Why should this be important to you?

Last year around this time the Winnipeg Police Association (Union) filed for negotiations and it wasn’t negotiated in the best interest of OUR City, Province and the Public. Then when budget time came around they asked for double digit $ Million increase again but the Mayor, EPC or Council finally said no as this is unsustainable and has been for years.
Chief Clunis said we will have to lay off 80 or so staff or cut services even though the 64 page study linked below said they were the most overstaffed and inefficient force in Canada and the figures showed 300 more high paid officers than the City needed and could afford.  City Council still approved a 6.5% increase or 17 million more.
This report and WPS’s own annual reports plus a recent respected report says serious crime rate is falling everywhere else in Canada but not here and has been persistently one of the highest in Canada. WPS responded with we don’t plan on doing anything other than more enforcement (traffic?) and check the stats again later to see if they still the same.
Then a poll of 24k Canadians said Winnipeg the most unsafe City in Winnipeg. OUR Mayor responded with his usual smile and that it wasn’t really that bad and ignored it like many of the other serious issues.
But he will show up for every photo op he can with his smile. It used to help his ratings the Public is wiser now which is why is approval rating is dropping faster than a hot potato and is approaching 50% and may have dropped below this already.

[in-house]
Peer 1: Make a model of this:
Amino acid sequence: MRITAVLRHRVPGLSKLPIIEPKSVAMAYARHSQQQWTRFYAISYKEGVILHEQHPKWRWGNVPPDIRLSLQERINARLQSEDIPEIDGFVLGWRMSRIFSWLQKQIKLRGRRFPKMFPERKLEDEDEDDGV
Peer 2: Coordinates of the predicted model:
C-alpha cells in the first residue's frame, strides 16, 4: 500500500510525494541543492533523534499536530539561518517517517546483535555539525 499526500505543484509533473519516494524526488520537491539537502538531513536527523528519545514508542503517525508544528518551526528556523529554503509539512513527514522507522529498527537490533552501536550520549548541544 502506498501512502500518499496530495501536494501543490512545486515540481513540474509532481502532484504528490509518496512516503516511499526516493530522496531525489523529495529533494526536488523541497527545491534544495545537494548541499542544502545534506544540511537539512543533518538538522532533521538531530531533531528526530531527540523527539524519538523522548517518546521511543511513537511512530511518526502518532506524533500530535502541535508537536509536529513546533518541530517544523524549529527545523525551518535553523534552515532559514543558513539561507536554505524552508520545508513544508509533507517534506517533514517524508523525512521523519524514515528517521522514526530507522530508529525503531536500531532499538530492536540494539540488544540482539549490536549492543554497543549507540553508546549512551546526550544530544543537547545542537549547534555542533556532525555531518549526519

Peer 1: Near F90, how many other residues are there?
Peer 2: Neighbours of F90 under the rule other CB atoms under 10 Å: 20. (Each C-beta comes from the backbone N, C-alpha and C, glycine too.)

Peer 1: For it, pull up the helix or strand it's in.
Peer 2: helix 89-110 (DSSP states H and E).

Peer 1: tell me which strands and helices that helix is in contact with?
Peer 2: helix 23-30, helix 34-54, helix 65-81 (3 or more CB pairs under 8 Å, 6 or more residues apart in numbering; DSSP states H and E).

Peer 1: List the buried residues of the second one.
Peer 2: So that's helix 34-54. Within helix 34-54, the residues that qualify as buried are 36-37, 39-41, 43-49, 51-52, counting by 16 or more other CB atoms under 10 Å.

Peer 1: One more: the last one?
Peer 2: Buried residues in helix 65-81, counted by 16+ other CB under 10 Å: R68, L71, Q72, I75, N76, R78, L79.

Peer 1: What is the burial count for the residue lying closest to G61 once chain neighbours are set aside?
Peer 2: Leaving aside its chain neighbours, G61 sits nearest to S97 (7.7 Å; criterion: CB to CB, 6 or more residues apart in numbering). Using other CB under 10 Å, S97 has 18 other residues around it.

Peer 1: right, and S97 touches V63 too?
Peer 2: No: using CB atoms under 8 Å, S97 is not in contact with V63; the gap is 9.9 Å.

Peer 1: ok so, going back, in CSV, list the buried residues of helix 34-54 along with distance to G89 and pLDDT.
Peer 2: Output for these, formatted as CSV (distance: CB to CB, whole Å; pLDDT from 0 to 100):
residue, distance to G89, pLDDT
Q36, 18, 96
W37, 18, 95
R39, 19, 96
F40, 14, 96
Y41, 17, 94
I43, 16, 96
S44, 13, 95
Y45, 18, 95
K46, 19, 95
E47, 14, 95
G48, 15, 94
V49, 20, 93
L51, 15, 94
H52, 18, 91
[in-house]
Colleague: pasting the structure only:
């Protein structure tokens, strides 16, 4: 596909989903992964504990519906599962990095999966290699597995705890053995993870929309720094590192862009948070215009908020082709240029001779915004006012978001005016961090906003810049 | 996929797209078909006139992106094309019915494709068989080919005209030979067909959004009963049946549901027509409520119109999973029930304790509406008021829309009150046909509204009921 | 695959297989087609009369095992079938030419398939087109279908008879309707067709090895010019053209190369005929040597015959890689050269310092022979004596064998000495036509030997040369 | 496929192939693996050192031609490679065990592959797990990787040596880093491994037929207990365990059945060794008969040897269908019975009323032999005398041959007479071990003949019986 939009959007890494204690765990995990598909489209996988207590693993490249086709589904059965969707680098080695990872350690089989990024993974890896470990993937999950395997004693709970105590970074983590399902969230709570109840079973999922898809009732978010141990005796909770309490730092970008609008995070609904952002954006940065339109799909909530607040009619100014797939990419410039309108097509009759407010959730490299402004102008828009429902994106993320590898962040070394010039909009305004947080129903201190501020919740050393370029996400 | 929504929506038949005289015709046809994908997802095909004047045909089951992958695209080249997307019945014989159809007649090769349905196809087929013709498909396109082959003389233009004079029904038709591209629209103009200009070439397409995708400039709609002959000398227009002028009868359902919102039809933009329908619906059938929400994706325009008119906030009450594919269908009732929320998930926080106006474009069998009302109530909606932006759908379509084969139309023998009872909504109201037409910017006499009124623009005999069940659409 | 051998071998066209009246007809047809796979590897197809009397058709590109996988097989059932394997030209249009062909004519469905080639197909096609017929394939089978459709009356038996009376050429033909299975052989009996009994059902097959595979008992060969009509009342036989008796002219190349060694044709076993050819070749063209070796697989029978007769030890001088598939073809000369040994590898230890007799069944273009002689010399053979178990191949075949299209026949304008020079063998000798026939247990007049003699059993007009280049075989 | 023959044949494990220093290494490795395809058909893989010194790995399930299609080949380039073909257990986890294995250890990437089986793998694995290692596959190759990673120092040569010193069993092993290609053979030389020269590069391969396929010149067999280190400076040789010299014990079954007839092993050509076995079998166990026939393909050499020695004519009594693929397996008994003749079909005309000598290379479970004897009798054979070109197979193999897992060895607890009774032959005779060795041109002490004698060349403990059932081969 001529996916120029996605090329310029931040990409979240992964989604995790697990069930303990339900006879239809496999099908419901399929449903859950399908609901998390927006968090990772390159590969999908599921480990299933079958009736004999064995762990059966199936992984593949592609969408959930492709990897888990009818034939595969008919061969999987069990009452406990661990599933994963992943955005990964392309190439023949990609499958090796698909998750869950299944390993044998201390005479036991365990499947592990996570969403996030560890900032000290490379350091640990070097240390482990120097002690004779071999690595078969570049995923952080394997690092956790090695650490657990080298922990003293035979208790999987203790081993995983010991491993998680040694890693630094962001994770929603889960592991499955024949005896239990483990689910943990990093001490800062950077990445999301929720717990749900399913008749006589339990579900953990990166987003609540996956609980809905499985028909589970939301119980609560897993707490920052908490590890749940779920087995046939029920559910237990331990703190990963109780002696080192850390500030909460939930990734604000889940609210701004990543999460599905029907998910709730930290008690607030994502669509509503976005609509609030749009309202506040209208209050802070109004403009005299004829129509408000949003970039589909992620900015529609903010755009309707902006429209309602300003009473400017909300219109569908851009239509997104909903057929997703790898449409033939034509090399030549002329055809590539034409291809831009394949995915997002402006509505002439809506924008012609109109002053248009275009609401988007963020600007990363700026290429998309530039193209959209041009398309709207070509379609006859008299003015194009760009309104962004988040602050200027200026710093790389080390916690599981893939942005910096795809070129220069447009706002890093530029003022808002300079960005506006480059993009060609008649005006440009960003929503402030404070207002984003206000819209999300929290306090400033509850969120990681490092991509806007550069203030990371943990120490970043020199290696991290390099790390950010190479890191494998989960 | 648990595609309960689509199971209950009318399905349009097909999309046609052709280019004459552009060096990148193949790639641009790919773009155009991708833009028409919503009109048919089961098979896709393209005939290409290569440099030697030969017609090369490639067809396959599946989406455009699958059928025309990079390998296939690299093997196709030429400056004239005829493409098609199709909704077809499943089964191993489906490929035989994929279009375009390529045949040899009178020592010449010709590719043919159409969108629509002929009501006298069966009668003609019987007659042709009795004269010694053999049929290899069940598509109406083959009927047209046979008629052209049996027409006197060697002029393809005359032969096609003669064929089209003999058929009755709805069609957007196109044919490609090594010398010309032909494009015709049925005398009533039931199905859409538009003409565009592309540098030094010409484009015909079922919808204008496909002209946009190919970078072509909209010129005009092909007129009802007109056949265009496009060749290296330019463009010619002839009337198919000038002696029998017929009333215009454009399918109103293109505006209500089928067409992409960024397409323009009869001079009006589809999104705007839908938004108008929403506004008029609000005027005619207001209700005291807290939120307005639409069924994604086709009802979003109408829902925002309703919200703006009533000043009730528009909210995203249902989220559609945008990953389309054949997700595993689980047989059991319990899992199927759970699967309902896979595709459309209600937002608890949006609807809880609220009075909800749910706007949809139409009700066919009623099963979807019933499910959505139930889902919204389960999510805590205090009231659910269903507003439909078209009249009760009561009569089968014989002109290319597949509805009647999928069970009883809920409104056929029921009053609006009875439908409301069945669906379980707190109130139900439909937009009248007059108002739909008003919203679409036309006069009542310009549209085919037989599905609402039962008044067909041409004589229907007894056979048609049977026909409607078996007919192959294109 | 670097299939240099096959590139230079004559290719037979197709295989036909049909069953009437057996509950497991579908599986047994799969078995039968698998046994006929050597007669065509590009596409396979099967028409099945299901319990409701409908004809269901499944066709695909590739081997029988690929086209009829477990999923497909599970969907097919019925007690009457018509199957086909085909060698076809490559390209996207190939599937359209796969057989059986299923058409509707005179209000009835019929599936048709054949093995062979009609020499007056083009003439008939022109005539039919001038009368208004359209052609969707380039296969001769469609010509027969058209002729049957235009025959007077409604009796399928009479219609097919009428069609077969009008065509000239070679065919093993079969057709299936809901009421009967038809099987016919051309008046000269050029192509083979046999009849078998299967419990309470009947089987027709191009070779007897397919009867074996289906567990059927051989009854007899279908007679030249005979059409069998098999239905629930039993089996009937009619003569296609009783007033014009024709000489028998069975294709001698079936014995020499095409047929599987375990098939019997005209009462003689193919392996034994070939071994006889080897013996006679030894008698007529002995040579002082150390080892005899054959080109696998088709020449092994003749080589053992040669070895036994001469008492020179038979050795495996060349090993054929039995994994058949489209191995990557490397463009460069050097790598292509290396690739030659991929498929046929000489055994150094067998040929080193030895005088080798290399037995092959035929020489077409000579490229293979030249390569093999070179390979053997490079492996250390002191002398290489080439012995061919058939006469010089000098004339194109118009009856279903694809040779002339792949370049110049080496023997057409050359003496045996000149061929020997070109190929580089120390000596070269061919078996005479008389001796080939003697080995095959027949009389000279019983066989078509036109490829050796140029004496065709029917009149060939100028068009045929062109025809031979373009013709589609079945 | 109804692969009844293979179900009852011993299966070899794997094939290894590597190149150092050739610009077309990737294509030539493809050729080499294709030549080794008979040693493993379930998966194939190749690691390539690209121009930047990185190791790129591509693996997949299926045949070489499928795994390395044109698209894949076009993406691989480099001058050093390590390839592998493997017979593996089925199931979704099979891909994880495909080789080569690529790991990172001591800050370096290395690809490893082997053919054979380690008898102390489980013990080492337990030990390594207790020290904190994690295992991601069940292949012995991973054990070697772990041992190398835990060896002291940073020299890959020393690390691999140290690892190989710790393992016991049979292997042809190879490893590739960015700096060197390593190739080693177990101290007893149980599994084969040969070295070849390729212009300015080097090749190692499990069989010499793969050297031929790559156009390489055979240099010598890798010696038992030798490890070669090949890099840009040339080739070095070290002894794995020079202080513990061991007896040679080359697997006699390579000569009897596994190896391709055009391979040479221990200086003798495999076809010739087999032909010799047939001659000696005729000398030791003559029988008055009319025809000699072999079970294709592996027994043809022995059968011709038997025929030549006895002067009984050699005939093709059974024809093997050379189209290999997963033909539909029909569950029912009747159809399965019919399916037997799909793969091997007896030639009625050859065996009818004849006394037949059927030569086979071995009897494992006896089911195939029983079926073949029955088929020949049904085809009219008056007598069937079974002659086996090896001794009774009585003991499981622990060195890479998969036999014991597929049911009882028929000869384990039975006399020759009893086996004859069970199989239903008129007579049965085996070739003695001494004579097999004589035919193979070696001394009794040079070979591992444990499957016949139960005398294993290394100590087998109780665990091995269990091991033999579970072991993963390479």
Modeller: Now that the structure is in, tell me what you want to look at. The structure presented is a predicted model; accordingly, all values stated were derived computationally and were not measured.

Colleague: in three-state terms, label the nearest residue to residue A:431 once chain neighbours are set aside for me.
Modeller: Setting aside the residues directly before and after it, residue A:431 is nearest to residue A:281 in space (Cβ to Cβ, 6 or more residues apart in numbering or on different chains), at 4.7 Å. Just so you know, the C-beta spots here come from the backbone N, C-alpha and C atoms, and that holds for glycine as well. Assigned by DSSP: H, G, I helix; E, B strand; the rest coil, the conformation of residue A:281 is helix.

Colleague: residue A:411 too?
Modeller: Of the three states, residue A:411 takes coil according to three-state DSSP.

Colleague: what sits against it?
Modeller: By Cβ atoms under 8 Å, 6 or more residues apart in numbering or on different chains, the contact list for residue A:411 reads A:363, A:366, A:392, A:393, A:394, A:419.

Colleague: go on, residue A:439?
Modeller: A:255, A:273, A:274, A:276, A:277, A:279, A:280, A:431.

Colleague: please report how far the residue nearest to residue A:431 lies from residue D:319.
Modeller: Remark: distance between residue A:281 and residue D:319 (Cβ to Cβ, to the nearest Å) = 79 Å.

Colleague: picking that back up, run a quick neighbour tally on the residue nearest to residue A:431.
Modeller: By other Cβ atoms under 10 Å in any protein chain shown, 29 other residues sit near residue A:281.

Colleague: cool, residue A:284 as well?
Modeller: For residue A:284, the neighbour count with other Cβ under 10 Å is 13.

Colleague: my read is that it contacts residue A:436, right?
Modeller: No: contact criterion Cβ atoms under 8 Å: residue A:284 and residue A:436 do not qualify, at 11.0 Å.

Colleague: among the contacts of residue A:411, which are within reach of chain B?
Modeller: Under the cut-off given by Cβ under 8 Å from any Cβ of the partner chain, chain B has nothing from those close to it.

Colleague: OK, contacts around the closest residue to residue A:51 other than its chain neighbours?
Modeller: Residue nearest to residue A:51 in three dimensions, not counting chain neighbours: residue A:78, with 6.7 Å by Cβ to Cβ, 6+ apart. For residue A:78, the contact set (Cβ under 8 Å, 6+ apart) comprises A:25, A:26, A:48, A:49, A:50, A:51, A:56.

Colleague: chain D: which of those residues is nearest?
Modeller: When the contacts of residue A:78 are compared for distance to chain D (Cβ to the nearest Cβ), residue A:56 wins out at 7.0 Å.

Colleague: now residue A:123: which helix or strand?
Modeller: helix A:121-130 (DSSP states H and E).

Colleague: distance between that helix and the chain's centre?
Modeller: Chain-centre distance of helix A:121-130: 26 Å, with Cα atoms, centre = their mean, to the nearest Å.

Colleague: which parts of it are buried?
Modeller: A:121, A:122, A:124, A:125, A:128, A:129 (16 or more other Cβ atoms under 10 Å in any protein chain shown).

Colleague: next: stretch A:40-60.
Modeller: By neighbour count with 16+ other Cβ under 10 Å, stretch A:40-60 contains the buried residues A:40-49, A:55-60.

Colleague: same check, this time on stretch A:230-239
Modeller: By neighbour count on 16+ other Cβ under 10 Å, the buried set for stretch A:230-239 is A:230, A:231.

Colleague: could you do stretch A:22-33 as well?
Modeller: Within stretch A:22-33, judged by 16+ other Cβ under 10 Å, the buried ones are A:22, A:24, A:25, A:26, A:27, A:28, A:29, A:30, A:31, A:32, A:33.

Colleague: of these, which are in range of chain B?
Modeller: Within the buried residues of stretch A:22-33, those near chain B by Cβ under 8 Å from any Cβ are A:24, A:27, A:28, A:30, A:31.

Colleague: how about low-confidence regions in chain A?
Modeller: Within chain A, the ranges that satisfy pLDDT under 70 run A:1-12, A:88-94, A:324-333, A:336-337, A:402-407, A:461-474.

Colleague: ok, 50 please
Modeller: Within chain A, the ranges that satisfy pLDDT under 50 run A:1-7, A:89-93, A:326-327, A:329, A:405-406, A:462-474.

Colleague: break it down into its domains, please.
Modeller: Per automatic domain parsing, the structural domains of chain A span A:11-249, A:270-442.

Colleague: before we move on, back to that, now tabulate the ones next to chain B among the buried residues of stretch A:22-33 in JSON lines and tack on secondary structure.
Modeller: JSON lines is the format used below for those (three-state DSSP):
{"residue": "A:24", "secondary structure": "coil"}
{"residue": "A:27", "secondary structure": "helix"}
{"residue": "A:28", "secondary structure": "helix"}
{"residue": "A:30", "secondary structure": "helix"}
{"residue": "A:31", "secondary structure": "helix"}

He likely looking for a planned or surprise scapegoat that he will offer a parting gift like the last 2 CAO’s that were suspended with pay and then allowed to stay long enough to collect $560k in salary and severance.
Or like former Premier Selingers parting gift of combined $600k or more to his Chief of Staff and other term employees (political aids) that had all his dirty secrets.  He said it was for them to transition to private sector but they went to work for the NDP to help win election there.
Voice your concern with OUR Winnipeg Police Board and its Chair Counc. Scott Gillingham, Mayor Bowman, Permier Brian Pallister and Deputy Mayor; Minister of Justice Heather Stefanson
To Serve and Protect not Selfserve and Collect
MPIC diverting Millions to Police for $afety initiatives most of which are a waste and actually putting the public at risk
WPS budget needs to be reined in and a detailed analysis of Fraser Institute study “Police and Crime Rates in Canada” and related facts
Part of how the Winnipeg Police Service ended up in its current dismal state
Enough is enough with the out of control spending and abuse of the public and public funds by WPS and MPIC while some senior people at the City of Winnipeg and Province of Manitoba ignore or turn a blind eye
Mayor and Finance Chair to meet with Bond Rating Agencies
Is our Political System Working? Do we need a Public Union that represents the general public?